The noble Lord raises a very good point about broadband. I absolutely agree with him on that. The rollout of superfast broadband infrastructure is vital to boosting sustainable economic growth and creating jobs in rural areas. Online business, whether rural or urban, grow four to eight times faster than their offline counterparts. Broadband is a key government priority. We are working to deliver the best superfast broadband in Europe by 2015, backed by a £530 million government investment to support rural areas.
My Lords, tourism turnover in the rural economy is nearly three times that of agriculture. Yesterday at Westminster, the Cut Tourism VAT campaign was launched, supported by the whole of the industry. Compared with our 20% rate, accommodation VAT is 10% in Italy, 8% in Spain and 7% in France and Germany. As a former Treasury Minister, does my noble friend appreciate that independent reports indicate that a cut in VAT on accommodation would boost Exchequer revenues, boost tourism and thus boost employment in the rural economy?
My noble friend has rather overpromoted me. However, in answer to his question, the Government recognise the importance of tourism to rural employment. I do not think that we can go as far as he asked, but the Rural Economy Growth Review showed that tourism is a significant contributor to the rural economy, with potential for significant further growth. Before the Autumn Statement, the Government announced a £25 million initiative to promote rural tourism and to support rural tourism businesses.
My Lords, further to that response, which is very important for the tourism industry, does the Minister agree that in view of that importance of tourism to the rural economy, his department should join with other departments in putting pressure on the Home Office to address the issue of visas to Chinese visitors, who are a vital component of inbound trade? Does he agree that that action needs to be taken urgently?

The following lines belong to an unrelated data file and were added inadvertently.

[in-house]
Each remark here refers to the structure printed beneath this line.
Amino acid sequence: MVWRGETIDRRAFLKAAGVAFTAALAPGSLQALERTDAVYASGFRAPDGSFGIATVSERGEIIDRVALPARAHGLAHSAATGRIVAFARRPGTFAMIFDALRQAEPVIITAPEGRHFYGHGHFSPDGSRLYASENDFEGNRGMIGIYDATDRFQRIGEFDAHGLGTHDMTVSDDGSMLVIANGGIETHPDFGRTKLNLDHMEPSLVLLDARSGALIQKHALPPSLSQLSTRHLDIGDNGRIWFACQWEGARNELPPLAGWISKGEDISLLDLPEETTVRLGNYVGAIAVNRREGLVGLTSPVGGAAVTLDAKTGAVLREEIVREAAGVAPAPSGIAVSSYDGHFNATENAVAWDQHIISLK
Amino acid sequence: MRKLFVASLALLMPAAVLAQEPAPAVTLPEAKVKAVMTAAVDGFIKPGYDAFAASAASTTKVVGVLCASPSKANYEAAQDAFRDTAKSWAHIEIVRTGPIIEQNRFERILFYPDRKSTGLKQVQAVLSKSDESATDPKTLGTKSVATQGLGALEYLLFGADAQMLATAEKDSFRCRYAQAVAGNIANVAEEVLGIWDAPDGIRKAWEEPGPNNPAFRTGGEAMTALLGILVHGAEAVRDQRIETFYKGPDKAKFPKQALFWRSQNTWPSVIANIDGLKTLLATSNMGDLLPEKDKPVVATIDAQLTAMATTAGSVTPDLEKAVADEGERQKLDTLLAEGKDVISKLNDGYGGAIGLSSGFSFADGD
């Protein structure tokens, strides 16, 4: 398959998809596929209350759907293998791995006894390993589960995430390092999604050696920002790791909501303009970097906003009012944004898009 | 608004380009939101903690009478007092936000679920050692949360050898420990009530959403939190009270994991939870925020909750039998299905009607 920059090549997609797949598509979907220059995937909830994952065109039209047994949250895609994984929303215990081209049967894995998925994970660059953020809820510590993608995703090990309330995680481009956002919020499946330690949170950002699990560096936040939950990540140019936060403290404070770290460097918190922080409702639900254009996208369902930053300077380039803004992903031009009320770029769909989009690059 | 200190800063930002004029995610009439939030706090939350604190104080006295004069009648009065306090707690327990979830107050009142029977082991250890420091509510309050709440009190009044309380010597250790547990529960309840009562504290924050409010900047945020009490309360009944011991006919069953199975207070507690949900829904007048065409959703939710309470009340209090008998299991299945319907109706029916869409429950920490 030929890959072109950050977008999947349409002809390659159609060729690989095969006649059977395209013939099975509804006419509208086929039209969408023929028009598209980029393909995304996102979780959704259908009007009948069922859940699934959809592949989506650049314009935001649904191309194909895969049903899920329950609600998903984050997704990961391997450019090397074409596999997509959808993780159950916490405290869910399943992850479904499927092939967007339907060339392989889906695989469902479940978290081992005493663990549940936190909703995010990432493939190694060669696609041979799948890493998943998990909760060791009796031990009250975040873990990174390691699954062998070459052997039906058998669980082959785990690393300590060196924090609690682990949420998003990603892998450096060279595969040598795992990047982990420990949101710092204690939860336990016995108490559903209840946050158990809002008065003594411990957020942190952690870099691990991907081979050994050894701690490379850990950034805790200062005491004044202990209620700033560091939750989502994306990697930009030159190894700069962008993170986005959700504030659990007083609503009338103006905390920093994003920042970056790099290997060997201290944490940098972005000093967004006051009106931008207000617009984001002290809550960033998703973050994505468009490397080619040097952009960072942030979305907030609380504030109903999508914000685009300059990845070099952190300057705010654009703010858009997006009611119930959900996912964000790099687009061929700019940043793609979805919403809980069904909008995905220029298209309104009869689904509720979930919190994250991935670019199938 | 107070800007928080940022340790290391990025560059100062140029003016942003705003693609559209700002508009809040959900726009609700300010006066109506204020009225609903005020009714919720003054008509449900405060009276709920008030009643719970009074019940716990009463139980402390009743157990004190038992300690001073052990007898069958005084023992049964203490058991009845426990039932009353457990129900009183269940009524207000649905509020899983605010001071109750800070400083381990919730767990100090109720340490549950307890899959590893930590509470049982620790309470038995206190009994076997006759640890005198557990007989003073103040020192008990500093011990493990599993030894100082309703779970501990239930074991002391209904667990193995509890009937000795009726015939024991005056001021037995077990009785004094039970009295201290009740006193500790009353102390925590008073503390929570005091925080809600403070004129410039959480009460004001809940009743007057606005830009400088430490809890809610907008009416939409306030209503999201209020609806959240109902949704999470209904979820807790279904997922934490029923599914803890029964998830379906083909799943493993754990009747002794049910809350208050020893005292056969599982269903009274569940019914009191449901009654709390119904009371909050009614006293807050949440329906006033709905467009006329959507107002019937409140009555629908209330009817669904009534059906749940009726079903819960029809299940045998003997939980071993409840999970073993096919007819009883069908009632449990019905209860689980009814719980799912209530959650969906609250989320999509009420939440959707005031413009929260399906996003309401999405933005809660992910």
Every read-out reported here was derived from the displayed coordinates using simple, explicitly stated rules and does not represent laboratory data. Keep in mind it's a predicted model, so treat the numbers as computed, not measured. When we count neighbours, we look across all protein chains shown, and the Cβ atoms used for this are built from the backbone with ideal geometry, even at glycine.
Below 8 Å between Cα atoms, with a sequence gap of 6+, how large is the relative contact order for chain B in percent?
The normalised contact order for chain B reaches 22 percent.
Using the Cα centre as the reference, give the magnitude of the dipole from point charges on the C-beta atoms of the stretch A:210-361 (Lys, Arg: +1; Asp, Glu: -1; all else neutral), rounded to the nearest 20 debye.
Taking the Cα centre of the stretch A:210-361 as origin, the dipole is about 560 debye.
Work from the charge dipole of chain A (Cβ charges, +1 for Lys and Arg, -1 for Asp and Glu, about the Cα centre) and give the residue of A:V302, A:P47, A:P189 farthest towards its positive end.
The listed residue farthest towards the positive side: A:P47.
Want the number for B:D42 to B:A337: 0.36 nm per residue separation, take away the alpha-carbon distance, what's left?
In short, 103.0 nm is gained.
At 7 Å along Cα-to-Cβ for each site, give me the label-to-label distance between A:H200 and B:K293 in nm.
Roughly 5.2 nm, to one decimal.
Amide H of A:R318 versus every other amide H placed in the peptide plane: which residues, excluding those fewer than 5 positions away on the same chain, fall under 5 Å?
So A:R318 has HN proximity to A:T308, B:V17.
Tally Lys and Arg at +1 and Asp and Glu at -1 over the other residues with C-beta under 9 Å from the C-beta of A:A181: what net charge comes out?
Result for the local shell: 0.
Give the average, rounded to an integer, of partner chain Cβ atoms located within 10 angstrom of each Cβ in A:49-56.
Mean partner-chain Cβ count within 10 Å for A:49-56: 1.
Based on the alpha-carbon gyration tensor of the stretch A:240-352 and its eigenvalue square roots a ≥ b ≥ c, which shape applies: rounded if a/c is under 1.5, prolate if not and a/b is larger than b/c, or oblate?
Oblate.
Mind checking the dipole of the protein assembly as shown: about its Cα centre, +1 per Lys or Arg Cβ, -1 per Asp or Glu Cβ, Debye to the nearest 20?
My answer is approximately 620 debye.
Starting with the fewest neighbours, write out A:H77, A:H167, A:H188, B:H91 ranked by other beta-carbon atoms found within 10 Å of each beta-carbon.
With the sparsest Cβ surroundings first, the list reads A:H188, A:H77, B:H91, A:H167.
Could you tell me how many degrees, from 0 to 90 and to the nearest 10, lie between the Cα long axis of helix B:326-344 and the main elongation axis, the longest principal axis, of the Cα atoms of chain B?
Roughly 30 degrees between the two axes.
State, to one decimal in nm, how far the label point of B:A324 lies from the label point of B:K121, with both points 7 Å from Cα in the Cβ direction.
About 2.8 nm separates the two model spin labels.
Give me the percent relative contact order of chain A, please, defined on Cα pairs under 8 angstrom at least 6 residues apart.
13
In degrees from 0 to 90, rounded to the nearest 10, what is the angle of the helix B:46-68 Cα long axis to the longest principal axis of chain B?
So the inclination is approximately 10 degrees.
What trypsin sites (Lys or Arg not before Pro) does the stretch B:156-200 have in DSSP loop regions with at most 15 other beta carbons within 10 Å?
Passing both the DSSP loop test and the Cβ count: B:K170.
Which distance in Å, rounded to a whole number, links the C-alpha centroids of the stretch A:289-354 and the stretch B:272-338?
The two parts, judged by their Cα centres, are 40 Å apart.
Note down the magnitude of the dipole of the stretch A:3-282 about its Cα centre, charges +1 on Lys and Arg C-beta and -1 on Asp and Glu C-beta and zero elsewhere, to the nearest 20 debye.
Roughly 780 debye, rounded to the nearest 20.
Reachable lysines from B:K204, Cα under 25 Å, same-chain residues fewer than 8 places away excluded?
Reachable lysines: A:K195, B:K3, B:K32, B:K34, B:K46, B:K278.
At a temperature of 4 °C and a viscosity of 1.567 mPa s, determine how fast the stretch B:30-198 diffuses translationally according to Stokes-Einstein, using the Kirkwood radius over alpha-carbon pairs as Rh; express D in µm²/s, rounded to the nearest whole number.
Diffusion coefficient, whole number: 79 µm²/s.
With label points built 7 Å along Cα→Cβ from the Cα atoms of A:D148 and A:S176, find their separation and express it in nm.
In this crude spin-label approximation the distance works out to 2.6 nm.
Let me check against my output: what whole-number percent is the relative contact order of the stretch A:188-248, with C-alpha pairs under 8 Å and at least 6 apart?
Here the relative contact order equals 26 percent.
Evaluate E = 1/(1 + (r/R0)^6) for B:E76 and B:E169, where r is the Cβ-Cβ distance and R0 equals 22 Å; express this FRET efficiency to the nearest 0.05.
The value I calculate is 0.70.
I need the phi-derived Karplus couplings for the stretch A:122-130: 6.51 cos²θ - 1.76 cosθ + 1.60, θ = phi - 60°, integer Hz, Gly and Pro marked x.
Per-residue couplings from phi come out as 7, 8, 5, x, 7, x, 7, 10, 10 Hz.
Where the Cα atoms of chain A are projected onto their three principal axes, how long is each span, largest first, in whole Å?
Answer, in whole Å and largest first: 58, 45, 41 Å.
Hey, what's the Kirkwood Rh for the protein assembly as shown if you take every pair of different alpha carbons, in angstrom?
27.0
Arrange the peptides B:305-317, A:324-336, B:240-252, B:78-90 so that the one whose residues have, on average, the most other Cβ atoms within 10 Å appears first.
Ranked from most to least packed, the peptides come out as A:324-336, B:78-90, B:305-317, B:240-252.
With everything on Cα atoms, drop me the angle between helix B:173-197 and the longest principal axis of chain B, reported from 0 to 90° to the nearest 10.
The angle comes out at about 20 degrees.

My Lords, is it not the case that in rural areas village shops provide a valuable social good for many people, especially those without motor cars? Perhaps we may hope for recognition that the supermarkets, more distant but very powerful as they are, simply cannot hope to provide that sort of service. May we hope that the Government’s policies for rural areas will reflect the special value of village shops?
Yes, I agree wholeheartedly with my noble and learned friend. We recognise the importance of rural service outlets such as village shops, post offices and pubs in sustaining strong and thriving rural communities. New community rights are being introduced that will allow local assets such as village shops to be put on the local asset register, giving communities first option to bid for them if they are under threat. In rural settlements with a population of less than 3,000 where there is only one retail outlet, it will receive rural rate relief. Consumer Focus is identifying rural issues as part of its help with the Post Office Local model. In 2012, Defra supported a number of community shops through the RDPE programme.